Finding Wisdom in the Woods
Iran Martinez, recipient of six TTCF Scholarships, discovered her own determination in the wilderness.
As she was preparing to graduate from North Tahoe High School in June, Iran Pacheco Martinez embarked on her senior project—a backpacking trip with a friend to Glacier Lake in Tahoe National Forest. While hiking around the area, she worked on her map-reading skills, did a little bit of writing, and soaked in the beauty.
The highlight, she says, was that the trip helped her reconnect with what she describes as the most important experience of her high school years—a month-long trip to Yosemite Valley with the group Adventure Risk Challenge (ARC).
“It was beautiful,” she says of the recent trip. “It was like ARC all over again, and it just felt awesome.”
Adventure Risk Challenge is an outdoor leadership program, and Iran says she’s “excited to share” the story of her ARC experience. In an essay composed for her TTCF scholarship application, Iran writes that the month she spent in Yosemite National Park between sophomore and junior years completely shifted her expectations of what was possible for her.
Before completing ARC, being a broke, working-class Latina had convinced me that I would always witness ‘The American Dream’ as a bystander, never be able to experience it myself due to my financial circumstances and legal status as a DACA dreamer. … ARC helped me realize my own academic gifts and allowed me to stop settling for mediocre academic performance with both my course scheduling and grades.
In an interview in late June, Iran talked about how it felt to embrace her ambition.
“I snapped into a whole new mindset,” she says. “I knew that I was going to come out of that shy-Latina stereotype. It was like a switch went off in me and I was like:
This is going to happen because I want it to happen. And because there are people that are willing to help me.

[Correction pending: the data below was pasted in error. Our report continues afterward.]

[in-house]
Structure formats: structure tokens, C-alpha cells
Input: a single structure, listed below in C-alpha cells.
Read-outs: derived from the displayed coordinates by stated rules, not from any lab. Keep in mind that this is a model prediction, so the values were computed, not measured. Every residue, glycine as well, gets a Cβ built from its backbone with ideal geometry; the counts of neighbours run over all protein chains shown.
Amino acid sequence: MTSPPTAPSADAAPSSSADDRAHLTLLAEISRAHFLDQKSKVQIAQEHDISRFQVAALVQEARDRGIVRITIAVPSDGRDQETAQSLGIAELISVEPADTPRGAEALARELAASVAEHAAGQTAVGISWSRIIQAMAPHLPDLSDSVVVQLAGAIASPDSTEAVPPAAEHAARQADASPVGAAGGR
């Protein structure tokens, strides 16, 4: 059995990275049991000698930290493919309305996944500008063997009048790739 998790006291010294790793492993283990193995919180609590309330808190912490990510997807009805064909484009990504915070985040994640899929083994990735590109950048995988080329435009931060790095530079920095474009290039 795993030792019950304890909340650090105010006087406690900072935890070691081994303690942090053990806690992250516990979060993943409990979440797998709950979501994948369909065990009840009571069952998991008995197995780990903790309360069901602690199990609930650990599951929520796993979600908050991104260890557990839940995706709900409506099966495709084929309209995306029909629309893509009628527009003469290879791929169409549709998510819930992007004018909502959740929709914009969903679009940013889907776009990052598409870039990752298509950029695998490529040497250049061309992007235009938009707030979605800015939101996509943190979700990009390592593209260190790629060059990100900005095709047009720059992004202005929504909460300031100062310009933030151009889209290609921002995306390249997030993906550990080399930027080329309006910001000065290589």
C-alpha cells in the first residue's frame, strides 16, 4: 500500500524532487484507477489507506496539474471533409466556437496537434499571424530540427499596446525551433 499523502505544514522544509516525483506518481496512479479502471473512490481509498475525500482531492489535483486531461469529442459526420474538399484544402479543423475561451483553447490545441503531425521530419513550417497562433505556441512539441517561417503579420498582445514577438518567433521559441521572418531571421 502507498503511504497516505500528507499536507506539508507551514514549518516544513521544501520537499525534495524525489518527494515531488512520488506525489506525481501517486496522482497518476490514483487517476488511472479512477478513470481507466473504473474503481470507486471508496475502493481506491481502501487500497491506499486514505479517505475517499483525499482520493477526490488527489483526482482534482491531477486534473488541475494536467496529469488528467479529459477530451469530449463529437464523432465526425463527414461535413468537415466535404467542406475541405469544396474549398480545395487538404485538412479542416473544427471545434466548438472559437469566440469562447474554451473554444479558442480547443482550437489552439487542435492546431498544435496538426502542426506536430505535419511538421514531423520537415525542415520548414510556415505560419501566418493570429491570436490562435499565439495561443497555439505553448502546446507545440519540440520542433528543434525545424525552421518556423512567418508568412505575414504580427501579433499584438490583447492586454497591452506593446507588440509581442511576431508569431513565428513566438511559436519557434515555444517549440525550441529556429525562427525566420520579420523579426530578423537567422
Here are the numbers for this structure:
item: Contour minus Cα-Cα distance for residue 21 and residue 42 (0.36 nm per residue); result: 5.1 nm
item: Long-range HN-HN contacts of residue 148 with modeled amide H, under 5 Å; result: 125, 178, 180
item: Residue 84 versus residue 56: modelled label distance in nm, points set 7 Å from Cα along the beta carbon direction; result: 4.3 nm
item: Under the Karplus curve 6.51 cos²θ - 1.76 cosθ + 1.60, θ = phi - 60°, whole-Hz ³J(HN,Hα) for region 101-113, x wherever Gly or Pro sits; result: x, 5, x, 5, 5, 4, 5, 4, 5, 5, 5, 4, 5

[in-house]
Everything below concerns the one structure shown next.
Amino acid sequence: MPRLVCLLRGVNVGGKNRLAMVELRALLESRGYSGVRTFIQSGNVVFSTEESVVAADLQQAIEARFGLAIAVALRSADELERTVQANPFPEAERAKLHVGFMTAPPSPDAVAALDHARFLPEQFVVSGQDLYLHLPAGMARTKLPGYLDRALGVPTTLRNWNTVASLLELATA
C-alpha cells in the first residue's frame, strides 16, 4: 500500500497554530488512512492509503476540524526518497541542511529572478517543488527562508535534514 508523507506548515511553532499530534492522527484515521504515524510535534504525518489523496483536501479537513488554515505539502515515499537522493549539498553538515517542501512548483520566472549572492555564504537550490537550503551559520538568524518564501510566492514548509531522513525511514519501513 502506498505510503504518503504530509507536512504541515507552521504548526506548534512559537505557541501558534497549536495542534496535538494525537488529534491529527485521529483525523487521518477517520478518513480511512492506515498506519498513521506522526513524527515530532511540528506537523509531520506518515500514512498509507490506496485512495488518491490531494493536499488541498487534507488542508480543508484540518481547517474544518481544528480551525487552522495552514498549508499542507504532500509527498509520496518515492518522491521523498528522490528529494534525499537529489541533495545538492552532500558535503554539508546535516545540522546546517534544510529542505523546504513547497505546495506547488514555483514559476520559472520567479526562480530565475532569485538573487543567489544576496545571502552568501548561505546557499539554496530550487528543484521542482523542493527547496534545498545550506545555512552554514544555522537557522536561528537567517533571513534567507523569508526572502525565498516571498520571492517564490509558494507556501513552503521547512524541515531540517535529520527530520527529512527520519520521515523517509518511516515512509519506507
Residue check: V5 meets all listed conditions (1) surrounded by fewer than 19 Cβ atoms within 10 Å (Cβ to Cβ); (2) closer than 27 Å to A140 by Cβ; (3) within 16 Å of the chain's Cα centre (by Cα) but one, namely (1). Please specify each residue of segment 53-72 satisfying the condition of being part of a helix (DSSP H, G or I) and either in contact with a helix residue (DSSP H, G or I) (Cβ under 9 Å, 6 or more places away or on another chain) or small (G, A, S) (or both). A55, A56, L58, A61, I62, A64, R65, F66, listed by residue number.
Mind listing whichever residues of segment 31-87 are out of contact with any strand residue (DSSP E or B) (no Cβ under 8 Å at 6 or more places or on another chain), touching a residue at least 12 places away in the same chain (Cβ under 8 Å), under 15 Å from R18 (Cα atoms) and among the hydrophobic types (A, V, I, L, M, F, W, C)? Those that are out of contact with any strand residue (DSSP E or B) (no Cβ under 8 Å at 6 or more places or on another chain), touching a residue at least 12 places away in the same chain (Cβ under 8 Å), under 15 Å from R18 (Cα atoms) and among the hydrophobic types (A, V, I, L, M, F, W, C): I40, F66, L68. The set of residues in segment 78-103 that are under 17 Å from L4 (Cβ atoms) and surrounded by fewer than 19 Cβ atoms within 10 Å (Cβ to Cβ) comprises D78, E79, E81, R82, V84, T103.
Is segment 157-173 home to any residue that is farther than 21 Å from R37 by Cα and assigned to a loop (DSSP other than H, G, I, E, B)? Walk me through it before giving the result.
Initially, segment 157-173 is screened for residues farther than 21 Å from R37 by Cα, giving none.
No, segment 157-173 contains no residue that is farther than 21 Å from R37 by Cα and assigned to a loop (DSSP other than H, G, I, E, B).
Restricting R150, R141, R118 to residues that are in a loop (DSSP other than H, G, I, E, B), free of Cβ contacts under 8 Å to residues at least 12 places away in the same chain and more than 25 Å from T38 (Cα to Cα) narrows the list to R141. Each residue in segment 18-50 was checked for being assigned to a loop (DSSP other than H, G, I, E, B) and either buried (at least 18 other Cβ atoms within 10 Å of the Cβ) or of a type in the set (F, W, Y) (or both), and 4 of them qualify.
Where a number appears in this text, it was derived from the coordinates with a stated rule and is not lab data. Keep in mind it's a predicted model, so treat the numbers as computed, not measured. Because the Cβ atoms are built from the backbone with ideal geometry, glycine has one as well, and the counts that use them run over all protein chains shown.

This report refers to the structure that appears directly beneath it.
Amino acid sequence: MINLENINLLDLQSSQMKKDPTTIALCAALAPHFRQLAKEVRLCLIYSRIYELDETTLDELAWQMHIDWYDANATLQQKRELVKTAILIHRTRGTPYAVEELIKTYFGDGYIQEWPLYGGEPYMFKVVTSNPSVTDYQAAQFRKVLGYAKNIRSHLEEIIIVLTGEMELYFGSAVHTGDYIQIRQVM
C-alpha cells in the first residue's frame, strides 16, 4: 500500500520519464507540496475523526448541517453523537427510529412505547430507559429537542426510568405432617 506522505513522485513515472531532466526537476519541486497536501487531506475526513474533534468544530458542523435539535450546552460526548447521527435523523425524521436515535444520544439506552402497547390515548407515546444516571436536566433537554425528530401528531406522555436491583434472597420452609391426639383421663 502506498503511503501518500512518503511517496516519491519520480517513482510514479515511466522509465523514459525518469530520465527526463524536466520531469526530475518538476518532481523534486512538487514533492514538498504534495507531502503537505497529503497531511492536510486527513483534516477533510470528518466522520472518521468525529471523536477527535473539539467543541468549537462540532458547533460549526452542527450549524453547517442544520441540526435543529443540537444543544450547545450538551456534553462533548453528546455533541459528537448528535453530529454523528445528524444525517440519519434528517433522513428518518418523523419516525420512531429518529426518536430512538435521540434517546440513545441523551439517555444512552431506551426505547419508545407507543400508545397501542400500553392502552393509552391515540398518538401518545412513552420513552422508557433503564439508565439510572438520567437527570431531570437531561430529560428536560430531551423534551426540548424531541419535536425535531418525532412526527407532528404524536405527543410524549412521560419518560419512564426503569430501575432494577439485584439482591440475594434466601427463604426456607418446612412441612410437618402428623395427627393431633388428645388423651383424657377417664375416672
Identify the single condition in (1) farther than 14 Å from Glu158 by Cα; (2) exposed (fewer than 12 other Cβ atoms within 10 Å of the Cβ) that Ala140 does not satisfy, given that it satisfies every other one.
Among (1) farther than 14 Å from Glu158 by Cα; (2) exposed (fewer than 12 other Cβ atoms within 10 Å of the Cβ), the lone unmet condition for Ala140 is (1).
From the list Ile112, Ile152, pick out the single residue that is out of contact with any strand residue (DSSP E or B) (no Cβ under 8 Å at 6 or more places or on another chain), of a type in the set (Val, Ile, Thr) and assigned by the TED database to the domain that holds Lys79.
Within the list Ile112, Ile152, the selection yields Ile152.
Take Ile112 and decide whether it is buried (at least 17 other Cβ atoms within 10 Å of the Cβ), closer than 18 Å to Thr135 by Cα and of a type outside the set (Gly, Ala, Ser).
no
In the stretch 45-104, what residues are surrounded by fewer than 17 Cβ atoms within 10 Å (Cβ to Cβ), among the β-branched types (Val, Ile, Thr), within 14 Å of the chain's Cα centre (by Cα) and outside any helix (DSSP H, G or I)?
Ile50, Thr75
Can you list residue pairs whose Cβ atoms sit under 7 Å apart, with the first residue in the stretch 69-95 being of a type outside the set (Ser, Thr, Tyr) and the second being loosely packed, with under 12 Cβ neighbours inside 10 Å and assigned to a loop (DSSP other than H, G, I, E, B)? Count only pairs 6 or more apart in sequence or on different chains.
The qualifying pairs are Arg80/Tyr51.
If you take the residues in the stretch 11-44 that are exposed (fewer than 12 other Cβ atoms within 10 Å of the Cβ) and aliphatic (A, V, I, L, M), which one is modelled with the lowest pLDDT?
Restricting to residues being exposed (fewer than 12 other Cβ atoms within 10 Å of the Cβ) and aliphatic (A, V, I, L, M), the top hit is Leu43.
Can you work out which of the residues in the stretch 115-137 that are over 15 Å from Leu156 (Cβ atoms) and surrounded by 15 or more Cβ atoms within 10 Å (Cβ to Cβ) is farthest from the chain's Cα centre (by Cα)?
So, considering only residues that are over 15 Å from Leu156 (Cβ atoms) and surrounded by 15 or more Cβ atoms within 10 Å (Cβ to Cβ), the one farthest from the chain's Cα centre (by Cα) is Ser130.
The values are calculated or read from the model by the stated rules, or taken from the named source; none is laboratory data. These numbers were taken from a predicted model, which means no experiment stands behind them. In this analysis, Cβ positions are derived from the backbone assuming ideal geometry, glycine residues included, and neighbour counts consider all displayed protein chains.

Ambition and Trust
Iran said the experience shifted her thinking in one more important way. “I was able to learn to trust those who are there for you and are willing to help you—which used to be very hard for me.”
Her reluctance to seek or accept help is clearly connected to a self-reliance she learned at an early age. Iran recalls watching her mother, a housekeeper, leave home early in the morning and come home late every day. “This showed me and my siblings that you work for what you want; that nothing, obviously, is a given. I believe that is where I got a sense of independence, to be self-sufficient, and not lean on others so much.“
This sense of independence that she was developing as a young girl deepened when she was nine years old, and her mother was deported to Mexico. She says it fell on her and her brothers to help provide for the family.
Today, rather than give voice to resentment, she says she feels grateful that she and her siblings were able to learn an important lesson while young. “I feel like it makes us independent individuals who understand that working for what you want is the way to go.”
This fall, Iran heads to Bowdoin College, a private liberal arts school in Brunswick, Maine. She says she plans to major in political science, and “to explore other fields of study like philosophy, English and Italian.”
From there, she plans to study law, and to spend her life working for social justice. She also looks forward to one day being able to hug her mom.
“She’s my best friend,” Iran says. “We FaceTime, we text all the time, we call all the time. We’ll see her again someday. It’s a for-sure thing. I’m very excited for that day to come.”
Scholarships received: Tahoe Mountain Resorts Foundation Scholarship, Fred Motamedi Legacy Scholarship, McConkey Foundation Scholarship, Tahoe Donner Giving Fund Scholarship, Judge C. Anders Holmer Scholarship, Rotary Club of Tahoe City Scholarship
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